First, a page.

upon a swampy pond;
two trees stand there--like poor lost souls
in search of the beyond.
. . . continued . . .
Upon the swamp flames wink and wave,
“This way,” in eerie glow;
beware! these glowing lights one sees
serve Death—who waits below.
“Whoa! Easy does it! Whoa, ol’ horse!
Quite soon enough—too soon,
the crossroad will come into view.
O Saints! unveil the moon.”
He checks his lantern’s charring wick;
it merely casts a glow.
There is the place he has to pass—
his old mare seems to know.
Her nostrils flare, she snorts and neighs,
and then she bolts in fear;
the driver falls—and then he knows—
those Willis must be near.
His nag and cart fade in the night,
and dazed the driver lies;
the furies come in boiling mist,
presaged by vengeful cries.
In waltz, the undead maidens whirl
their prey around until
his frightened heart and senses fail.
Such is the Willis’ will.
At dawn, these specters sink into
their graves to wait in hate
for hapless men—who chance or dare
to pass the crossroad—late.
This romantic ballad is my own variation on the Thomas the Rhymer theme
Image from pinterest.com
Thomas the Rhymer
©2016 Jerry Kemp
When Rhymer Thomas strode the bank
Of Castle Huntlie’s stream,
A lady neared upon a horse
In early morning’s gleam.
The mount she rode was purest white,
Its mane was braided well,
And pendent from each braid there gleamed
A tinkling silver bell.
Now Tom the Rhymer bared his head;
He knelt, and then spoke he:
“The Heaven’s Queen, I’m sure you are—
A mortal you can’t be.”
“Tom, I shall tell you who I am,”
She said with friendly mien:
“The Queen of Heaven I am not;
In Elfinland I’m queen.
“Now take your harp and play for me;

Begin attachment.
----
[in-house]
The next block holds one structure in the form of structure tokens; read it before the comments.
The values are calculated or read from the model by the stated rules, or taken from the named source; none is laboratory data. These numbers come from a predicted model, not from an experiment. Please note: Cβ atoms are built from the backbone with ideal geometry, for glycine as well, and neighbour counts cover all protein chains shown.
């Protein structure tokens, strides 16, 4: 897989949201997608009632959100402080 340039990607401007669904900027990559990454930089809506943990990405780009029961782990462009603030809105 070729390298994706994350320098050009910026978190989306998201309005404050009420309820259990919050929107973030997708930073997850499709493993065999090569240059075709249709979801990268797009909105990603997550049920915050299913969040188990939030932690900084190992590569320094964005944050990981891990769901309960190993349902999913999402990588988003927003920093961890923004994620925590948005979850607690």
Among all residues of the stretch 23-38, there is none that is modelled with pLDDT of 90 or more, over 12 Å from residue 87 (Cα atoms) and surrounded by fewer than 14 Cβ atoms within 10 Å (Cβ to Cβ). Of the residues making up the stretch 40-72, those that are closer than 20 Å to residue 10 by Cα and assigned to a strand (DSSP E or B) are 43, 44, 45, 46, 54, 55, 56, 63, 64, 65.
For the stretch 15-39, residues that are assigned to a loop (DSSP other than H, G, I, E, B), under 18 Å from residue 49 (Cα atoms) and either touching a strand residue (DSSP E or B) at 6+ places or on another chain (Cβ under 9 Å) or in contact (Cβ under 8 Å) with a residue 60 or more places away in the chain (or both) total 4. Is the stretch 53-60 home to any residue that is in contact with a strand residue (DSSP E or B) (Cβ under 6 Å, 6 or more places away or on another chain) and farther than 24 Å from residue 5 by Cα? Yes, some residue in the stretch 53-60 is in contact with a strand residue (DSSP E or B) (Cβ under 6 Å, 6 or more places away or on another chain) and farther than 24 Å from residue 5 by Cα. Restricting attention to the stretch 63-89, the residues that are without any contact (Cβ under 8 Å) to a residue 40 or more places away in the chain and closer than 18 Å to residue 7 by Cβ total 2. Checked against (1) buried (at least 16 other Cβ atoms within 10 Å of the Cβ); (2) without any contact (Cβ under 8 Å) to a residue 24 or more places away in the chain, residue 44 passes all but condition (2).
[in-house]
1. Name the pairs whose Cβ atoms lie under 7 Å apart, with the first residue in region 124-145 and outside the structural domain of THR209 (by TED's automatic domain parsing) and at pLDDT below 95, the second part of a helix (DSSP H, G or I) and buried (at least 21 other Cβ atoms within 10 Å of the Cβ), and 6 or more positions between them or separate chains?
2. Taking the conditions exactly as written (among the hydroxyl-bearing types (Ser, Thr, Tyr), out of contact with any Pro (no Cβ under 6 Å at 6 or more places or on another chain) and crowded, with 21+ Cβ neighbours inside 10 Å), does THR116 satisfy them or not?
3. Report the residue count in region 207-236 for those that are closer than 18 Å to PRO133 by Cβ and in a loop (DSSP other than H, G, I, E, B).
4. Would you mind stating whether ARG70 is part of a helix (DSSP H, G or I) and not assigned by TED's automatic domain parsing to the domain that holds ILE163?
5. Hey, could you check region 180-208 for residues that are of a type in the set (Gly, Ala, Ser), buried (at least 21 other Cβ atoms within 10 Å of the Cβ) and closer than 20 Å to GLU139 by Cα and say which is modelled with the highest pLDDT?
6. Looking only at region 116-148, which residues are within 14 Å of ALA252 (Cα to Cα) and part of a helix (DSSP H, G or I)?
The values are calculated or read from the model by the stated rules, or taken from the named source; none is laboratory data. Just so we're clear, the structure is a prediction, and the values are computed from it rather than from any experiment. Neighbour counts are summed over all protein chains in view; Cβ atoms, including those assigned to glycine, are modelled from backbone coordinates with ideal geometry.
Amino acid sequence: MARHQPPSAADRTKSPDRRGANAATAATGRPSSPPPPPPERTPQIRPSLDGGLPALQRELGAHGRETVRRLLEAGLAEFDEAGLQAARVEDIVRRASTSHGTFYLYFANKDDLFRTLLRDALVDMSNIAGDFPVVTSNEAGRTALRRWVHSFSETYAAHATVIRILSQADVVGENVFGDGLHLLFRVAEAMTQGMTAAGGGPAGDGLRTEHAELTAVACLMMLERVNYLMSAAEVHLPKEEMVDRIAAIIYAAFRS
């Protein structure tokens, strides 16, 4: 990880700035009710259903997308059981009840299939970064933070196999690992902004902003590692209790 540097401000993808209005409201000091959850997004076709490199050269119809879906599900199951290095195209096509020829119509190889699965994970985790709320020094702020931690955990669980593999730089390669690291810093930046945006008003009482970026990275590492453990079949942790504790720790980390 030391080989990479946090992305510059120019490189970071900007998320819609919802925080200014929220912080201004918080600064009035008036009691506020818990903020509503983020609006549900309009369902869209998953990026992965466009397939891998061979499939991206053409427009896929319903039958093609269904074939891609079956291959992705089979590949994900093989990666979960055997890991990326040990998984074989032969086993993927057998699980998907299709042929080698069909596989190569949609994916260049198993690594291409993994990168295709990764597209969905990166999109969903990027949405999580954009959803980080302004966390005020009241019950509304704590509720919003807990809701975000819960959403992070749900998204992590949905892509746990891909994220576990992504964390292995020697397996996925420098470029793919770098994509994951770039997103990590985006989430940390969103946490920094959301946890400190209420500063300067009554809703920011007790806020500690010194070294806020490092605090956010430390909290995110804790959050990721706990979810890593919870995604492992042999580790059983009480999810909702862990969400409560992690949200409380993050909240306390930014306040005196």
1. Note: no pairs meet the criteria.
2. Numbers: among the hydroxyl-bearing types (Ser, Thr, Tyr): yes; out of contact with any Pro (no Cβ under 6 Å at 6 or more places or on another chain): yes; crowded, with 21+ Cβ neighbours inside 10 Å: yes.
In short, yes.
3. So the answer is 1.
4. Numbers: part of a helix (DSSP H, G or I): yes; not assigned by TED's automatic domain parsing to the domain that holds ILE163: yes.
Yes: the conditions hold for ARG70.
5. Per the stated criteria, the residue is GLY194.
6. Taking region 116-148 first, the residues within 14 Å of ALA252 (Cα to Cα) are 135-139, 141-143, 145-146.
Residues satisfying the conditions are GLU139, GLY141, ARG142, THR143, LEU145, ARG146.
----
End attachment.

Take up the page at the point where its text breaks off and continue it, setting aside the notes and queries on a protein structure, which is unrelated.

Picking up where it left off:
Your love songs I must hear,
But if you dare to kiss my lips,
You’ll serve me seven year’.”
“To linger in sweet servitude,
How could such frighten me?”
He kissed her lips and she kissed his
Beneath the Eildon tree.
“Now you are bound to ride with me,”
She said and stroked his hair.
As they set out for Elfinland,
His heart beat free of care.”
And, at the foot of Eildon Hills,
There lay a cave ahead,
Through which a blood-filled river flowed,
Life’s sap of men long dead.
This was the blood that had been shed
For honor, greed, or fame;
Man’s warlike heart shall always bleed
When folly has a name.
Its way the fairy knew quite well;
No moon by which to see,
Her horse strode on in steady beat
Till sunlight set them free.
They left a world of utter gloom
And flew at tempest’s speed
Into a hot and barren land
Devoid of all but weed.
“Good Tom, my dear, we cannot rest
On this so weary day,
For ride we must, oh, mortal man—
Before I fade away.”
At last they reached the shady woods,
Rode on through greening dells;
And when she gently touched the reins,
Then tinkled all the bells.
“Now, Thomas, we will stop a while
Beneath this apple tree,
But do not touch the fruit that tempts—
You’ll lose your soul and me.”
She took from her own silken cape
Some earthly bread and wine;
He ate and drank, admired her face—
Her beauty was divine.
Restored, she pointed at the fork
Where one road branched to three.
“Which one of these would you now choose?”
Tom looked up from her knee:
“It seems that I have heard, the path
Of righteousness is rough
And most beset with thorns and stones,
Avoided oft enough.”
“Well said, my clever Rhymer Tom;
But there, that pleasant way,
That is the path to wickedness,
Which leads the weak astray.
“Now straight ahead, there lies the road